Another bit that struck me is that Isaacson finally explained Franklin's kite-in-a-thunderstorm experiment to my satisfaction. I suppose I could've looked it up before, but the physics major in me has always been bothered by not understanding exactly what Franklin did, why he did it, what tying a key to the kite string was supposed to accomplish or prove, and, frankly, how he survived. An explanation would take too long (and spoil the fun!); suffice it to say that for the first time since I heard the tale as a child, I got it. And learned that Franklin was even cleverer (and luckier) than I gave him credit for.

I had some quibbles with Isaacson's book. The cast of characters grows quite large, and occasional reminders of people's relationships would've been helpful ("wait, is Lord Rumplepot a friend, foe, foe who became a friend, or friend who became a foe?"). Though the book is a straightforward chronology, I thought Isaacson's choice to cover some facets of Franklin's life in lumps--this section is about Franklin the printer, this section is about Franklin the scientist--broke the flow of the narrative and left me without the context of how/where/when those pieces fit into the big picture. But overall, I appreciated Benjamin Franklin: An American Life very much and recommend it to anyone curious about the man and his times.

Friday, February 20, 2009

Mr. Ebert

There are a few writers whose work I read even when I have no interest in their subjects, just because I know they'll have interesting things to say about them.

For example, it would be very difficult for someone to care less about sports than I do and still produce testosterone, but there are a couple of sports columnists whose work always draws me in and makes me care about jai alai, curling, or something or someone I never knew existed five minutes before. When I see their pieces I read them, and they rarely let me down.

I'm a fan of the newspaper columnist Miss Manners, Judith Martin, not because I have a passion for fish forks, but because I think she's just a good writer, with a wry, dry, understated wit that I envy. Miss Manners is one sharp cookie; you can tell she'd think and write humiliating rings around you, if only she weren't too polite to do so.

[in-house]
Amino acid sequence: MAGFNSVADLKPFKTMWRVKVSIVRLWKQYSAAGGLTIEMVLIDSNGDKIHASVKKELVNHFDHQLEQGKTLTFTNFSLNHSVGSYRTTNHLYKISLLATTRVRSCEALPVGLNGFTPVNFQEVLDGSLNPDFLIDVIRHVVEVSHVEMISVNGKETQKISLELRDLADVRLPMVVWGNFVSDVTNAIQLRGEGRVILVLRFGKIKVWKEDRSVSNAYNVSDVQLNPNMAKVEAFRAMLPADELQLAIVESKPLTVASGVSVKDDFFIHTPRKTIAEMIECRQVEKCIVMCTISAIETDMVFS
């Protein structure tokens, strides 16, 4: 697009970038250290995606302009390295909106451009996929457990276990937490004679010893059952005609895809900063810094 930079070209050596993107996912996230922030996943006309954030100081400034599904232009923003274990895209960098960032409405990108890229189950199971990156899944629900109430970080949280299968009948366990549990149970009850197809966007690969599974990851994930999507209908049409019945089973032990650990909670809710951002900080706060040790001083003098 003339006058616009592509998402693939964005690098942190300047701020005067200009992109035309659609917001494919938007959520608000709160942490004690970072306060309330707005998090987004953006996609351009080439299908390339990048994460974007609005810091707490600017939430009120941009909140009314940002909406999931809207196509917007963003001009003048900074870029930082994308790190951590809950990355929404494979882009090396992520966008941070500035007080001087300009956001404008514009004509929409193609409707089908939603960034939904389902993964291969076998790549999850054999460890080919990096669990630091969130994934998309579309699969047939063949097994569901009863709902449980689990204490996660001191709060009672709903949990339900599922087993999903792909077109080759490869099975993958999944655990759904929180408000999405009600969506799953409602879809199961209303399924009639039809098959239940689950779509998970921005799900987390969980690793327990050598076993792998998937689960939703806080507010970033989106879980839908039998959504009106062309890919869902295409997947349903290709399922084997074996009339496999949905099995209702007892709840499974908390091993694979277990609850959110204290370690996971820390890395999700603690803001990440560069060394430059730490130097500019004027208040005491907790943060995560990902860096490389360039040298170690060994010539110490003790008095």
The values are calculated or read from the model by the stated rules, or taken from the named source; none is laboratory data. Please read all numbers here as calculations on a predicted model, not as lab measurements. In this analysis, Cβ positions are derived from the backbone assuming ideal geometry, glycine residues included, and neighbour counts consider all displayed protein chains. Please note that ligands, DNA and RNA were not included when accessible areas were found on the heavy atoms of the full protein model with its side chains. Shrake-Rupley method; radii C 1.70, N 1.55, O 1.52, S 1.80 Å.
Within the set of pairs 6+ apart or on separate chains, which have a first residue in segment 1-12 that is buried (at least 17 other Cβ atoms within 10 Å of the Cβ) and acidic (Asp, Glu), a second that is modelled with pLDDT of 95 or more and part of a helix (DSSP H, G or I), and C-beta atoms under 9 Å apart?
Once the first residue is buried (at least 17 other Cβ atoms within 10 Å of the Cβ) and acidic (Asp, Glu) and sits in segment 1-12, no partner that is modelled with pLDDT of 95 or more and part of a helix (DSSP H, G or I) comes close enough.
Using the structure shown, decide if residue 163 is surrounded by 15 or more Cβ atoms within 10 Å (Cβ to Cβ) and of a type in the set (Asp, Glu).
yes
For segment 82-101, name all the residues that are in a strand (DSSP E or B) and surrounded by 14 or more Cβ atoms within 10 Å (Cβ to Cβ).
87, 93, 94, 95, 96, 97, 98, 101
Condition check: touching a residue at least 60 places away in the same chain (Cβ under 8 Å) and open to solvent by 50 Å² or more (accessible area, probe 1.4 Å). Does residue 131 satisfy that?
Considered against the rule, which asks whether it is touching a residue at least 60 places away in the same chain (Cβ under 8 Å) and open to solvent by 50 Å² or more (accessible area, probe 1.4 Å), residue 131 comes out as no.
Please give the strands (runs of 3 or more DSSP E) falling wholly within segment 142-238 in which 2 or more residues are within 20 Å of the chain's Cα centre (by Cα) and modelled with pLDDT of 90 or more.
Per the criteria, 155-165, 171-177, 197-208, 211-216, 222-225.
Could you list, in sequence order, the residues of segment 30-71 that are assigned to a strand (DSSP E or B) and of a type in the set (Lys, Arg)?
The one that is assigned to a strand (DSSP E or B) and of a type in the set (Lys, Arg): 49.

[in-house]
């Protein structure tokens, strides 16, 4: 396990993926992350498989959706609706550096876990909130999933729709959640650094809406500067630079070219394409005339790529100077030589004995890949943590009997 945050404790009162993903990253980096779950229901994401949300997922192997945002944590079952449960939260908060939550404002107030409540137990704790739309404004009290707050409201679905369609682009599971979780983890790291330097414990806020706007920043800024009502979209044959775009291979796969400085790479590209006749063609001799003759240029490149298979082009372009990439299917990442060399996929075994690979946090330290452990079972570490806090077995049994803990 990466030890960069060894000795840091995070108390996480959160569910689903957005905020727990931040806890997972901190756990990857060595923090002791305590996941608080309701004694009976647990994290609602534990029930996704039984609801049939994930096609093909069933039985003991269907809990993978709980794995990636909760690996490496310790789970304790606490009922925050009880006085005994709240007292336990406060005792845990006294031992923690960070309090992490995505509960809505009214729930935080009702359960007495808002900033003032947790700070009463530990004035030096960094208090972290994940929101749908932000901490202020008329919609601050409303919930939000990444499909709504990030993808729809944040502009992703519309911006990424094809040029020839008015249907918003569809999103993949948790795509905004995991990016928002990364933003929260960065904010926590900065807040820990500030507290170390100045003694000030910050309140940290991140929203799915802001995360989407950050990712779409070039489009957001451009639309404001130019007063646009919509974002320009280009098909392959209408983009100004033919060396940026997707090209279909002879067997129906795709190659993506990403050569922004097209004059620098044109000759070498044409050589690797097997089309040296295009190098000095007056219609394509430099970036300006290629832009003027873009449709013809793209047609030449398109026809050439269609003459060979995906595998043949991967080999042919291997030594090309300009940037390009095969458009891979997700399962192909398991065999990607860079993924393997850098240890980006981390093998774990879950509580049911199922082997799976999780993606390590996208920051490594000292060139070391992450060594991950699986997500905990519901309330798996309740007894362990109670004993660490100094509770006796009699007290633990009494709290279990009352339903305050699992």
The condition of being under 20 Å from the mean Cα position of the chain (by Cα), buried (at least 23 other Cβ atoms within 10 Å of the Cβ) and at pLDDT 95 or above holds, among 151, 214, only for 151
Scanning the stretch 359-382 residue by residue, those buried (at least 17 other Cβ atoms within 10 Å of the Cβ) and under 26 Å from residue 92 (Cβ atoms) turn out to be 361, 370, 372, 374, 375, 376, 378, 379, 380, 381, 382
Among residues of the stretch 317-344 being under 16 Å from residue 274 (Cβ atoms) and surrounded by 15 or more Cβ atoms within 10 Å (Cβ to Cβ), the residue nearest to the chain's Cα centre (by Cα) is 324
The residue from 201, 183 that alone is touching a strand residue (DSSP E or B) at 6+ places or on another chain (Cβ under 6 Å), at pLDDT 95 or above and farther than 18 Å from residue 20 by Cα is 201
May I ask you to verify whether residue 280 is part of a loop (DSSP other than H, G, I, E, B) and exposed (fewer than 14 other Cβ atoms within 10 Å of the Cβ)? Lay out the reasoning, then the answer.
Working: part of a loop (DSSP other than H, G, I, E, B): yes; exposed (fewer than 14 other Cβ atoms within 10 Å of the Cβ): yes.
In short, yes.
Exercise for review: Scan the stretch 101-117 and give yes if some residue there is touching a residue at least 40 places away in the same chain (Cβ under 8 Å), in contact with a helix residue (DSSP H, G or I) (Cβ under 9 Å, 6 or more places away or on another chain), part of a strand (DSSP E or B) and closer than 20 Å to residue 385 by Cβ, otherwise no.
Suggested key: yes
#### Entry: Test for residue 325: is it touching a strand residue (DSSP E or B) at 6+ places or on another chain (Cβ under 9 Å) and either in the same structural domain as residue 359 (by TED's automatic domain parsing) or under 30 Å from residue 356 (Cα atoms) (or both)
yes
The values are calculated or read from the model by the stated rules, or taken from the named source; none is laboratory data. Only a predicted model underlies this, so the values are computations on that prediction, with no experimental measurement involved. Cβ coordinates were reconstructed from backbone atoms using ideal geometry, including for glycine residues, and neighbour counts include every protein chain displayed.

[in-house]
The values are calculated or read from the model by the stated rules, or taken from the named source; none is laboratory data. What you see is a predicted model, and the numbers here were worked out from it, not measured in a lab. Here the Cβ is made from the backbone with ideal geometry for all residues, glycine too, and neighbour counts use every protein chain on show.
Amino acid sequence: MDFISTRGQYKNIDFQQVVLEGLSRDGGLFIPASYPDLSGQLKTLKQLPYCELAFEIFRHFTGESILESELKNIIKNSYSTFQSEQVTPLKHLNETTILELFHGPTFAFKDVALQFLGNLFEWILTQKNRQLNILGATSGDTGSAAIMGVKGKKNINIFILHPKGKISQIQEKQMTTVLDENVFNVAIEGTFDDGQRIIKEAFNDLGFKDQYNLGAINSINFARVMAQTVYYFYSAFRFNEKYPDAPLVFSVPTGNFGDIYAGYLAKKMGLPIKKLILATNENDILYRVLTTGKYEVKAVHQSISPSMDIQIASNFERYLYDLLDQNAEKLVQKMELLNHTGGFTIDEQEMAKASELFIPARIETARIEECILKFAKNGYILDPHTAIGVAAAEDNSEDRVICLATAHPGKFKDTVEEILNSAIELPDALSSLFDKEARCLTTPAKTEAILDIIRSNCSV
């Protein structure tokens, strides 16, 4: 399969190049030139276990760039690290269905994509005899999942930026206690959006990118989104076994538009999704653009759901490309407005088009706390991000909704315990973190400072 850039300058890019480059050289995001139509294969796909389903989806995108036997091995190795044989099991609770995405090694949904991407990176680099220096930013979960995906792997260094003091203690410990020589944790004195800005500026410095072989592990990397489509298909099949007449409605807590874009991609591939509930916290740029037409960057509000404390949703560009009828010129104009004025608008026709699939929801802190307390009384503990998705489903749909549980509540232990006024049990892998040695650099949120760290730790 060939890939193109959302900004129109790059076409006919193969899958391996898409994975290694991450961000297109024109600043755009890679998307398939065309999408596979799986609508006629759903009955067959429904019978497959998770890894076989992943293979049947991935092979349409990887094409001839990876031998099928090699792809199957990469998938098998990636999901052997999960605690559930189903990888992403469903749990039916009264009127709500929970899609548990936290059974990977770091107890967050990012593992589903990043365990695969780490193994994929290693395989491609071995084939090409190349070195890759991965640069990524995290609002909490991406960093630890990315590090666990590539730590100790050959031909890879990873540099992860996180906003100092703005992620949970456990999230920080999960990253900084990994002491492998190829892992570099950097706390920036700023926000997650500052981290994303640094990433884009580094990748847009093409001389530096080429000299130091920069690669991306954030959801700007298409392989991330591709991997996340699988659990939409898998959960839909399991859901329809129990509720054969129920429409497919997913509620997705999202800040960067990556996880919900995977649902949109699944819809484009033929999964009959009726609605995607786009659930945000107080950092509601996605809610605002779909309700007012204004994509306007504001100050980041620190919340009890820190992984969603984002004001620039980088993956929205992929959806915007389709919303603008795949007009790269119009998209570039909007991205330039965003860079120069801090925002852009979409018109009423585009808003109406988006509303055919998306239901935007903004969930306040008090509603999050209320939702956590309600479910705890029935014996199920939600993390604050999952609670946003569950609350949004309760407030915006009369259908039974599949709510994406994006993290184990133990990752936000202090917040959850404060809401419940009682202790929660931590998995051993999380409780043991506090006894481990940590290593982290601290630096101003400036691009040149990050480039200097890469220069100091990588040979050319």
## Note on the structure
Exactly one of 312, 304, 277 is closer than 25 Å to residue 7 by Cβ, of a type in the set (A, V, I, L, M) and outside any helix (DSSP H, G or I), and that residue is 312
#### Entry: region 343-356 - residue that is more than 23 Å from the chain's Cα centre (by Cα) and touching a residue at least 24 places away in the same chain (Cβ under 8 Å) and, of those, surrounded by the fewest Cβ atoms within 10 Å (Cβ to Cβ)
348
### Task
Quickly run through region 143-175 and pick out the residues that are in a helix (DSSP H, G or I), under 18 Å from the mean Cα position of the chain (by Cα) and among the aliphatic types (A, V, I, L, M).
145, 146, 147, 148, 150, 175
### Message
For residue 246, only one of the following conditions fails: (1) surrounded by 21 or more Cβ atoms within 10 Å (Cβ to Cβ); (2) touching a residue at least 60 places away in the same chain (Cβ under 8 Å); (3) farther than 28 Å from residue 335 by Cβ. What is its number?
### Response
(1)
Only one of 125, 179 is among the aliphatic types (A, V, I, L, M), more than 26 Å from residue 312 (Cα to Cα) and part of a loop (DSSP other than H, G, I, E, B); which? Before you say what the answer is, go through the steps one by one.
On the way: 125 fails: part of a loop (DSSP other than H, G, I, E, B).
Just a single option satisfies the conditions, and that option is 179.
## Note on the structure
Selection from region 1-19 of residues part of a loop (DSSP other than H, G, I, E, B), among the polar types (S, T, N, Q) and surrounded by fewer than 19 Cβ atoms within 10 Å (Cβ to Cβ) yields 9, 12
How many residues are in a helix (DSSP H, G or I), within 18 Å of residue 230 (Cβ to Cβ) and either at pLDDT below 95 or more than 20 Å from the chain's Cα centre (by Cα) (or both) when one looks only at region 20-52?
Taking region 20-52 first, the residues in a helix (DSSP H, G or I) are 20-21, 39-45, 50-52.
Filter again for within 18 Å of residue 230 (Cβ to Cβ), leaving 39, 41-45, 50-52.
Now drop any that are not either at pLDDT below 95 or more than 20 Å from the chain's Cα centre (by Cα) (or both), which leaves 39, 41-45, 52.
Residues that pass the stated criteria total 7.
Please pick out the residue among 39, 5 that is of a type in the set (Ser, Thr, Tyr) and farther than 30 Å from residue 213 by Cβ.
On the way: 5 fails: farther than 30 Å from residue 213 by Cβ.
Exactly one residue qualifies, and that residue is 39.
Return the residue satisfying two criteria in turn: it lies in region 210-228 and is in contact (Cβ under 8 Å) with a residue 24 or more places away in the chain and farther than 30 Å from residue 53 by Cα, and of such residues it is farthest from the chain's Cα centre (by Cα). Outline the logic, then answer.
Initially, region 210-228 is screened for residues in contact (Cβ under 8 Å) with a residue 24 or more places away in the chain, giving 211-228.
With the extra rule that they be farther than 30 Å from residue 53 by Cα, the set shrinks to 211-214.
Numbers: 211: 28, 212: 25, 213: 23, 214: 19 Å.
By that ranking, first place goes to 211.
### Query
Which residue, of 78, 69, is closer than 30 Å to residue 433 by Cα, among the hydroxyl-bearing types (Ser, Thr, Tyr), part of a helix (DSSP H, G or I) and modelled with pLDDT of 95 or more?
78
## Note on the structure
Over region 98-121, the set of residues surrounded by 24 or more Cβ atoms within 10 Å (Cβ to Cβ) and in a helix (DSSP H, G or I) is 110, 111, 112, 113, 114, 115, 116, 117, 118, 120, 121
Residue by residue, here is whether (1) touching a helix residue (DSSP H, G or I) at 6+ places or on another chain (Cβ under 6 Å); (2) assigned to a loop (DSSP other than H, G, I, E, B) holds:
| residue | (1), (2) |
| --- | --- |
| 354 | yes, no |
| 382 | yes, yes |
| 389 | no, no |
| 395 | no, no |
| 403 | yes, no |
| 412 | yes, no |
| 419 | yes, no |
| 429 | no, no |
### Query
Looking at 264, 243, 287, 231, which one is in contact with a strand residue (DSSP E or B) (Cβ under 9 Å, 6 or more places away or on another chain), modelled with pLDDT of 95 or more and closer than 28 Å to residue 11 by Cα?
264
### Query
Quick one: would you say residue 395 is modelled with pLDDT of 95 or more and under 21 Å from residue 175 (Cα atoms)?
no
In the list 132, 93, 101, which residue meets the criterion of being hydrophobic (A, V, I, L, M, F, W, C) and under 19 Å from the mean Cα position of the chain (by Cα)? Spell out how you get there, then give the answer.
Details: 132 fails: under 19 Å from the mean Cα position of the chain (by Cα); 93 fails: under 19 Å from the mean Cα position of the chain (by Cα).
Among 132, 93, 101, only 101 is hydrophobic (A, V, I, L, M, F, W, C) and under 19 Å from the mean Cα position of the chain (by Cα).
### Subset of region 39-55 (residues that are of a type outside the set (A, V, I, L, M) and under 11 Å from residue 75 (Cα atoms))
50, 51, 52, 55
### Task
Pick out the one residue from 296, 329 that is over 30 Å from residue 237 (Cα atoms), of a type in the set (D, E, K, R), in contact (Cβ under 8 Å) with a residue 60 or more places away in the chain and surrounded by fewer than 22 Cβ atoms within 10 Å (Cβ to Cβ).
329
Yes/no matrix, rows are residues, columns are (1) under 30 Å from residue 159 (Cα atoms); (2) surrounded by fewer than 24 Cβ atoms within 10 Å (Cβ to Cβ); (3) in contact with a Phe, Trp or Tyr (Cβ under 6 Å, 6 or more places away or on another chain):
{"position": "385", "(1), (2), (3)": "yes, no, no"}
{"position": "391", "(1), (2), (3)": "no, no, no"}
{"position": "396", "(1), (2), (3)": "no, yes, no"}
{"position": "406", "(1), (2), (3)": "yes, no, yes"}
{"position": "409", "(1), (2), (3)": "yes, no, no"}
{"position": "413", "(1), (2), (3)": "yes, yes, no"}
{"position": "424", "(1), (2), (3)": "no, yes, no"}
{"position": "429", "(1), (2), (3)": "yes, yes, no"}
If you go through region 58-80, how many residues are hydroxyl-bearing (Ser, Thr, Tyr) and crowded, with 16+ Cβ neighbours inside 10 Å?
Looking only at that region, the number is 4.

The Pulitzer-winning film critic Roger Ebert falls into that category for me as well. Of course, I read his reviews when they're about movies I might want to see, but I also read them when they're not. Sometimes those are the best ones. Mr. Ebert says he judges a film not by what it's about, but how it's about it. In his view, there can be good kiddie flicks and bad kiddie flicks, good slasher films and bad slasher films (and, I suppose, good pornos and bad pornos). In all cases, he's looking for talent, craft, originality, ambition, style . . . and, I infer, some sense of a creative mind at work, solving problems and having fun. Personality.

Happily enough, that's how I approach him and other writers, too. It's almost irrelevant to me what they're writing about. If they do it well and right, they'll make me care and bring me along for the ride. Nobody reads Hemingway to pick up fishing tips.

A few years ago, Mr. Ebert took ill with thyroid cancer, which eventually caused the removal of his salivary glands and pieces of his jawbone. He nearly died and was disfigured by the surgery. As he describes his situation, his cancer is in check but he can no longer speak or eat. However, he can still write. In fact, in addition to continuing his film reviews, he's become a very prolific blogging essayist, and, though your tastes may not match mine, I have really enjoyed his pieces.

Some are as simple as an ode to a rice steamer. Again, the secret is not what it's about but how it's about it. On one level, it's a man sharing his favorite recipes. On another, it's a man writing about the experience of savoring food in a way he never will again. The reader doesn't have to know that going in, either; Mr. Ebert is a considerate enough writer that he provides everything you need. "To be sure, health problems now prevent me from eating," he writes. "That has not discouraged my cooking. Now cooking is an exercise more pure, freed of biological compulsion."

Some of Mr. Ebert's essays are about movies or travel, and they're good. Others are the melancholy reflections of a man who knows his days are numbered (as are everyone's, but his perhaps a smaller number than others'), has suffered and knows he will suffer more, and is determined to face it as squarely and unsentimentally as possible. They're very good.